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1  Sweat, baby, sweat! in CHALLENGE 24 ENTRIES by Juniper_Ann on: February 05, 2008 07:14:03 PM
My New Years resolution is to attain a BMI of 21.8 in time for my friend's June 28 wedding, and to maintain in the 21.5-22.1 range for at least 4 years (I want to be making long-term changes, not just stepping on a yo-yo roller coaster).  I've already lost 10 lb. and I have ~20 more to go.  Yay! 

I'm losing weight and gaining muscle by counting calories and by replacing evening noshing with belly dancing!  So, I made myself a belly dance costume that makes me want to twirl and shimmy...and that also reminds me of how much I like the changes to my tummy. 

Ta daa!


Spinning: it's not just for politicians any more.


Whee! 


Sparkle, sparkle!


Whoo!  That was a lot of work!  I think I'll be putting it away for a few weeks, and then road testing, tweaking, and adding more beads.  A girl can never have too many beads.

I have a lot of inspirations for this outfit, but I didn't really use anyone's patterns...or, when I did, I messed with it and re-drew it and mocked it up and re-drew it until it was basically unrecognizable. 

For instance, the vest actually started as an Elizabethan corset pattern based on the drafting instructions here:
http://www.elizabethancostume.net/corsets/
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2  Microwave Fudge--Unbelievably Easy! in Dessert by Juniper_Ann on: December 15, 2005 10:23:22 PM
Part of me doesn't want to give away my evil secret but...I'm going to stuff that part back in the basement where she belongs.  If you want to make fudge, you can mess around with double boilers and candy thermometers...or you can cheat and no one will know!  

Ingredients:
1 can sweetened condensed milk
1 pound (3 cups) chocolate chips
   You can use semi-sweet, milk chocolate, white chocolate, peanut butter, etc.
   I usually use half milk chocolate & half semi-sweet.
   Dont use all semi-sweet unless you know that the person is a dark chocolate fan.

Materials:
Microwave
Microwave-safe bowl
Foil
Something with vertical sides for cooling the fudge (I use a 9x9 casserole dish)


Directions:

1. Place milk & chips in bowl.

2. Microwave on high at for 1 minute, then 30 second intervals until chocolate looks melty.  Stir.  If its still not completely melted, then 30 more seconds (etc.)

3. Line whatever youre cooling the fudge in with foil.  

4. Pour, chill completely, then cut into pieces.



Put it in holday goody packs, bring it to parties.  People think that this is really fancy and its unbelievably simple.  

You can do a lot of different things with this, if you want, like adding a cup of nuts, or a few drops of peppermint or orange extract.

If you want to get really fancy, divide the sweetened condensed milk.  To 2/3 of the milk, add 2 cups semi-sweet chips.  To 1/3 of the milk, add 1 cup white chocolate chips.  Pour the dark chocolate mixture into your cooling pan first.  Then pour the white chocolate mixture in lines up and down the pan.  Now use a knife or toothpick for marbling (be careful not to marble to much or youll just end up blending the two).  For mint marbling, you could add mint and green food coloring to the white chocolate mixture.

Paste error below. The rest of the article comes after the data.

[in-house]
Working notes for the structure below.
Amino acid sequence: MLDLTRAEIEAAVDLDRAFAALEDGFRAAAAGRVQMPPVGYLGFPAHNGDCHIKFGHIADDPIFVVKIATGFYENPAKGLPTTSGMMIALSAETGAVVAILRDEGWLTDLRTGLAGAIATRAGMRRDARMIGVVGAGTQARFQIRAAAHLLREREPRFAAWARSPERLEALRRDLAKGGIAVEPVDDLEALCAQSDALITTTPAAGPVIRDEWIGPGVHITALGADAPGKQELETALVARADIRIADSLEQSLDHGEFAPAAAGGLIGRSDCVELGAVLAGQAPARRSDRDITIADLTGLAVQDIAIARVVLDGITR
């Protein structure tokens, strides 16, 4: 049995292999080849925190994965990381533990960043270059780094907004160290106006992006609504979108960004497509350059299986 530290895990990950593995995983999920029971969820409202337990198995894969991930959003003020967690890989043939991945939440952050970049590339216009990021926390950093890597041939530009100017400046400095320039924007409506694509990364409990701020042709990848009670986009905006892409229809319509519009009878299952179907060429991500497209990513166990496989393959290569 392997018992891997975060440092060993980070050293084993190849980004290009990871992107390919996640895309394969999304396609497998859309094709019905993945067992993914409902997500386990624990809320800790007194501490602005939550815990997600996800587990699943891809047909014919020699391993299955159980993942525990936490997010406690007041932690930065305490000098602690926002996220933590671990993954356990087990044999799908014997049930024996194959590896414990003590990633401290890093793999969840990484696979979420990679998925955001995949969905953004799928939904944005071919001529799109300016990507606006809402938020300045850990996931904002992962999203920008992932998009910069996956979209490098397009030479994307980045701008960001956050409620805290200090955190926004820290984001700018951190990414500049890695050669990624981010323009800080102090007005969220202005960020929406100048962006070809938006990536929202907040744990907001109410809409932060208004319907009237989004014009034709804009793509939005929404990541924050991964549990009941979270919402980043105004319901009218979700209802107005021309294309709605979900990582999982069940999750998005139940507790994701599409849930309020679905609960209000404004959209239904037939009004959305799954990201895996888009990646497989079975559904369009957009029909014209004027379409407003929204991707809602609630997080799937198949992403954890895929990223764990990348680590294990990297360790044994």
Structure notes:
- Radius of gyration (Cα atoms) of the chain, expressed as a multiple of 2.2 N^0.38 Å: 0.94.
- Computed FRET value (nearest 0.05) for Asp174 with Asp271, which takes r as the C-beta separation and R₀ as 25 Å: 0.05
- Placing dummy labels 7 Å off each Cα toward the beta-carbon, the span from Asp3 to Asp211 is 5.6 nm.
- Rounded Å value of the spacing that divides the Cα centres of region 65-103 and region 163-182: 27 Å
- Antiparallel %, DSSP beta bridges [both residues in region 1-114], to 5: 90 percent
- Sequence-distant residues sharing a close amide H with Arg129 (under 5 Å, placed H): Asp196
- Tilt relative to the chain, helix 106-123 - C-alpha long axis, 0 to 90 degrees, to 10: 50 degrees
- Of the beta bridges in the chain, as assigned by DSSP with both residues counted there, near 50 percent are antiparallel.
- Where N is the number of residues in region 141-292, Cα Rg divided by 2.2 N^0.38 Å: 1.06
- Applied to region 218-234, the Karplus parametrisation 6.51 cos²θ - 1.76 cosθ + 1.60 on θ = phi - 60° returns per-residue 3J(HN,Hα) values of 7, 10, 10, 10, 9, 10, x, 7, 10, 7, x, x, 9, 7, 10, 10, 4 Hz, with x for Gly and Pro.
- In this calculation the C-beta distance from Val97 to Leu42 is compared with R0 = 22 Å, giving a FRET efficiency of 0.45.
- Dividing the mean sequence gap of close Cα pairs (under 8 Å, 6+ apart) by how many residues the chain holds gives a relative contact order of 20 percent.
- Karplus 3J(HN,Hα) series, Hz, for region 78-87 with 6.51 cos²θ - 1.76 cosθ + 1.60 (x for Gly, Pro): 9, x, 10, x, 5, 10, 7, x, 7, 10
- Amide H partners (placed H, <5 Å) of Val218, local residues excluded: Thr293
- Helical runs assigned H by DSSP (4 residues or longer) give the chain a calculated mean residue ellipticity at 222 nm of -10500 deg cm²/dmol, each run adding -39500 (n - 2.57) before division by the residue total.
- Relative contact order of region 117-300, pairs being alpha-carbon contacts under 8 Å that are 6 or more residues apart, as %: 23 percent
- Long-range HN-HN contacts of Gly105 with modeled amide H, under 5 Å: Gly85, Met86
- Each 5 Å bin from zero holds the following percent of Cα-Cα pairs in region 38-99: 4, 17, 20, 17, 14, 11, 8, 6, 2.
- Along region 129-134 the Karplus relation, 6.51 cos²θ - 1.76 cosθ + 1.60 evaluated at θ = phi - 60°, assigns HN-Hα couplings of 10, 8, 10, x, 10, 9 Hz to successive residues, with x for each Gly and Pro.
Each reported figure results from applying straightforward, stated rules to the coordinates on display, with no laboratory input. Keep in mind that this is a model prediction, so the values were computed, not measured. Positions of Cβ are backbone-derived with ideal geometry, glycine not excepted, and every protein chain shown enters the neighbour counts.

Happy Holidays!

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3  Retro Sunday Trucker Hats in CHALLENGE 8 ENTRIES by Juniper_Ann on: December 09, 2005 09:38:20 PM
I wandered onto craftster last Thursday and was so excited by this challenge that I just had to join so I could participate.  A trip through the hardware store with a spiral notebook revealed that $10 does not go very far, but I found window screening for $5.  With just that, black thread, and a little help from http://vintagesewing.info/1920s/28-mhd/mhd-toc-long.html I weirded out my family for most of this week making retro sunday trucker hats!

Here's the process.  In the upper right are my materials.  In the upper left are my patterns (I drafted them from a variety of fruit bowls, dinner plates, soup bowls and cups).  I sewed the darts in the crowns and the slashes in the hats (lower left), and pinned the brims and crowns together (center), and then sewed the brims and crowns (lower right).  



Originally, I envisioned this hat as a 1940s style cartwheel/platter hat (the kind with very low crowns and wide, flat, stiff  brims).

My first brim turned out more pointy than I had planned, but that was OK.  I turned it into a "conehead" hat (I think the original term for this shape of hat is coolie hat, but I don't know what coolie means or if it's a...culturally sensitive kind of word...can anyone elighten me?).  I think it's a cute, jaunty little hat.



The picture at the middle of the bottom was intended, after a lot of smiling at the camera, to be a "neutral" face.  What I wound up with is more Absinthe Drinker.  All I need to complete the picture is a cigarette and some slow, sad jazz.  

Also, please forgive the paneling.  That's not my parent's house; it's the "college house" (just me and 4 members of my immediate and extended family...woohoo!).  Someday I'm going to paint it white to make it look less tacky.  

My dad had offered to teach me how to braise coathangers together for a frame to wire my cartwheel hat (isn't he sweet?!).   But when I put the un-wired hat on, it had kind of a floppy, 1950s sunhat vibe, and I liked that, so I left it.  My Dad offered , "Hey that's cute...from 10 feet away.  From close up, you look like a screen door."  I was thinking trucker hat, but I like the contrast between form and materials.  I had fun with that hat and couldn't resist playing dressup a little.





Well that's it.  I hope you like my retro Sunday trucker hats!

Thanks to my mom and sister for taking the pictures!

Juniper Ann


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